Our enthusiastic server recommended classic Italian meatballs, and she did not steer us wrong. Made with pork and beef, a little bread and a generous dash of oregano, the meatballs were surprisingly light. They were served with grilled focaccia bread in a home-made wine-reduction sauce with pomodoro tomatoes. We loved it.
I am impressed that portello’s service staff is not only prompt and friendly, but is quick with a good recommendation. A server suggested both of the two salads I enjoyed, from a difficult choice of eight.
The hazelnut spinach salad featured toasted hazelnuts and crumbled Gorgonzola cheese on a bed of very fresh baby spinach. Thinly sliced green apples and red onions topped the salad, which was tossed with a warm apple-cider vinaigrette with chunks of crunchy bacon.
On another visit, I was very pleased with an albacore tuna salad, a sort of takeoff on a traditional French Niçoise salad. An ample scoop of tuna, blended with capers and kalamata olives, as well as a modest amount of mayonnaise, was served on a bed of crispy romaine lettuce and sun-dried tomatoes and bell peppers. Lemon juice was a dominant flavor in the vinaigrette offered; it complemented the fish and olives nicely.
As much as I enjoy the portello salads, however, I don’t love the croutons. They are presented as three small rounds of bread, baked nearly to a point of crumbling. I might like them better if I could dip them in hot soup.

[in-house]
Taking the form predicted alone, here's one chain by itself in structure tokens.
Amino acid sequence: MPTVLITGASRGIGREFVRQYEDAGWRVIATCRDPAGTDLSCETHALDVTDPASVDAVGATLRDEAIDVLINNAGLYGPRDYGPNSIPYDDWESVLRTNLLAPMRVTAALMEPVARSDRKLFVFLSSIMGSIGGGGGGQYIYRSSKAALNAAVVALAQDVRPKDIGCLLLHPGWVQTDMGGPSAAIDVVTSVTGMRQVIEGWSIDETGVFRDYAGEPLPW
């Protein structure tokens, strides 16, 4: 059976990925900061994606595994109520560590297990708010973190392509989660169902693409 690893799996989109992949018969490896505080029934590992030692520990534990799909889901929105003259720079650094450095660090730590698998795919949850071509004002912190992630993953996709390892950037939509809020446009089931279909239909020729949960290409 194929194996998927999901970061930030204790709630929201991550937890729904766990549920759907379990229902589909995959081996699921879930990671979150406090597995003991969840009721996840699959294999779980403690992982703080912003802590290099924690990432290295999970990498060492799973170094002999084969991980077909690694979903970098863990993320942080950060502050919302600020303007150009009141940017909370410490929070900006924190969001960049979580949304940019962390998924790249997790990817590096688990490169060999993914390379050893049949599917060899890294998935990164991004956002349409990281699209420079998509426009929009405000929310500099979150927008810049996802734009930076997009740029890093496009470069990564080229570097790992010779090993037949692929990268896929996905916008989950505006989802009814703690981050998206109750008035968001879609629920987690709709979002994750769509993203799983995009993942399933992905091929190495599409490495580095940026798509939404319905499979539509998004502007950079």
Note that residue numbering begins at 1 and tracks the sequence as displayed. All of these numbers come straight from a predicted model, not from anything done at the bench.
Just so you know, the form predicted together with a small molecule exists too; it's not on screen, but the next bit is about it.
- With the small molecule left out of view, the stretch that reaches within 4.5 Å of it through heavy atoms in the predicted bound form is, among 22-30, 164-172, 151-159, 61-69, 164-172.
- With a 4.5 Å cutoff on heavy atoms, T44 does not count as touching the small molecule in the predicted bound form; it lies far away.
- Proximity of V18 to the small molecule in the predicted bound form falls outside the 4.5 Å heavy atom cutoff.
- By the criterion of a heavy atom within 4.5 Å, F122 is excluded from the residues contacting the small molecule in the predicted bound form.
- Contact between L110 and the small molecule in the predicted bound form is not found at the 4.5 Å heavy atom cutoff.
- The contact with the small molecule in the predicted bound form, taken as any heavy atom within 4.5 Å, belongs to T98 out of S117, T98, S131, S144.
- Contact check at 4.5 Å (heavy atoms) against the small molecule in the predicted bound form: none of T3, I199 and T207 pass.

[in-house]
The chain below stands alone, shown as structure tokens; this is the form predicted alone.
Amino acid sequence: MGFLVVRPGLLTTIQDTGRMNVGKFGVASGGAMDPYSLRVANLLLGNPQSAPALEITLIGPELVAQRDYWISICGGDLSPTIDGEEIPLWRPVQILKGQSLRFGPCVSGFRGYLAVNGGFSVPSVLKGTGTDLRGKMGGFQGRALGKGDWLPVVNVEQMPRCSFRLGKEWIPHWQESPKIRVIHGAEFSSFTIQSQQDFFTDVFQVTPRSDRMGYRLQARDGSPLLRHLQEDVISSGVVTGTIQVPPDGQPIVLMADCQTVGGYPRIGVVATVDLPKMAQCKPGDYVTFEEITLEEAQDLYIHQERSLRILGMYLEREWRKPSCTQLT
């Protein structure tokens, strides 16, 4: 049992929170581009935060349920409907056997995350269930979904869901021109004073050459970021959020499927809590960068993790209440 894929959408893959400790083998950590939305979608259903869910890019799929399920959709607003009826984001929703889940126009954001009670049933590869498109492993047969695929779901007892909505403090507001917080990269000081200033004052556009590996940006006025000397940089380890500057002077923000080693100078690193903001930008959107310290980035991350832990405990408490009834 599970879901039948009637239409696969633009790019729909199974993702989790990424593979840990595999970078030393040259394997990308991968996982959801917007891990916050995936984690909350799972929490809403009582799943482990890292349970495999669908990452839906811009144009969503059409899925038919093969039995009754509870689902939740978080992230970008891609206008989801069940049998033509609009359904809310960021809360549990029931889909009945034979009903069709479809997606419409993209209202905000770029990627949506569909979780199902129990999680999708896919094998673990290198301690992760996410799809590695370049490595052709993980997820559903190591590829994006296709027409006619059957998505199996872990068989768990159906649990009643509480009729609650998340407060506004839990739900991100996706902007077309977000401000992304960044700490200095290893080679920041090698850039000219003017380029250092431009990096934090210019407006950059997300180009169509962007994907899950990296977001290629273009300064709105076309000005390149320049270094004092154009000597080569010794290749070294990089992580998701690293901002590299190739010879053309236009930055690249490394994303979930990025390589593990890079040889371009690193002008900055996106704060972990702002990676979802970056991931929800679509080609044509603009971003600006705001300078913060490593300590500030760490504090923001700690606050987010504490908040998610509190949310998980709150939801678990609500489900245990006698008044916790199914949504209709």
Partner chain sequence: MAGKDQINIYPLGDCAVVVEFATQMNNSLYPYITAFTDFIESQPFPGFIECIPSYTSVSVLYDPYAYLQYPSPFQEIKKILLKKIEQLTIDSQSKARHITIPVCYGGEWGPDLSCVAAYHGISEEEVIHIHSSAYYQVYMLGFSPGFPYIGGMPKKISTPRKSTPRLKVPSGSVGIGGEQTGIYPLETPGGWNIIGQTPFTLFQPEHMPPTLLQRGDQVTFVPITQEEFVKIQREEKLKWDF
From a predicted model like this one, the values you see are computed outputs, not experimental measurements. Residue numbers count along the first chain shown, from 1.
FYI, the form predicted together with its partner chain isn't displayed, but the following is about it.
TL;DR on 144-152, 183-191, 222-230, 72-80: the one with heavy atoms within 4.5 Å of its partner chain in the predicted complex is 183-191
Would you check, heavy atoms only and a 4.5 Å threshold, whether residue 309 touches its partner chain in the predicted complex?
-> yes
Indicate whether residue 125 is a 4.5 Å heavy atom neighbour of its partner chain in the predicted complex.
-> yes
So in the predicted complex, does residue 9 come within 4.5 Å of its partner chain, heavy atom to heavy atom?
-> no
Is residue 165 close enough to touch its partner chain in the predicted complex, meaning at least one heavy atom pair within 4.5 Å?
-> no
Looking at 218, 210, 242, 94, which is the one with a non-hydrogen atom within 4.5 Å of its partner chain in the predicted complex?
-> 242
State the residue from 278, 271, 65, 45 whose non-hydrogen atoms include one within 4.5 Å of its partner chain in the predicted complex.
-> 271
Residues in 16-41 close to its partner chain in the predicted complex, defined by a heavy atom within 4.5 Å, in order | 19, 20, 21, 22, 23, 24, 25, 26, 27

Soup and panini
There are always two soups on the menu here, a weekly (or daily) special and an immensely popular tomato basil potage. I ordered a cup of the latter, and found it so deliciously creamy that I craved a grilled-cheese sandwich like the one Mom used to make.
In fact, portello does offer a “grown-up grilled cheese” panini. It’s made with melted Gruyere and Fontina cheeses, white truffle oil and sage. I’ll look forward to that soon.
My companion had a different panini, “The Holiday.” Indeed, it would have gone quite well with Thanksgiving dinner. Turkey meat was matched with a light cheese spread of chevre and butternut squash, layered with fresh spinach, caramelized onions and fig jam on freshly toasted focaccia. (Ciabatta was a bread option.) It wasn’t a light sandwich, but the juxtaposition of sweet and savory flavors were a tasty match.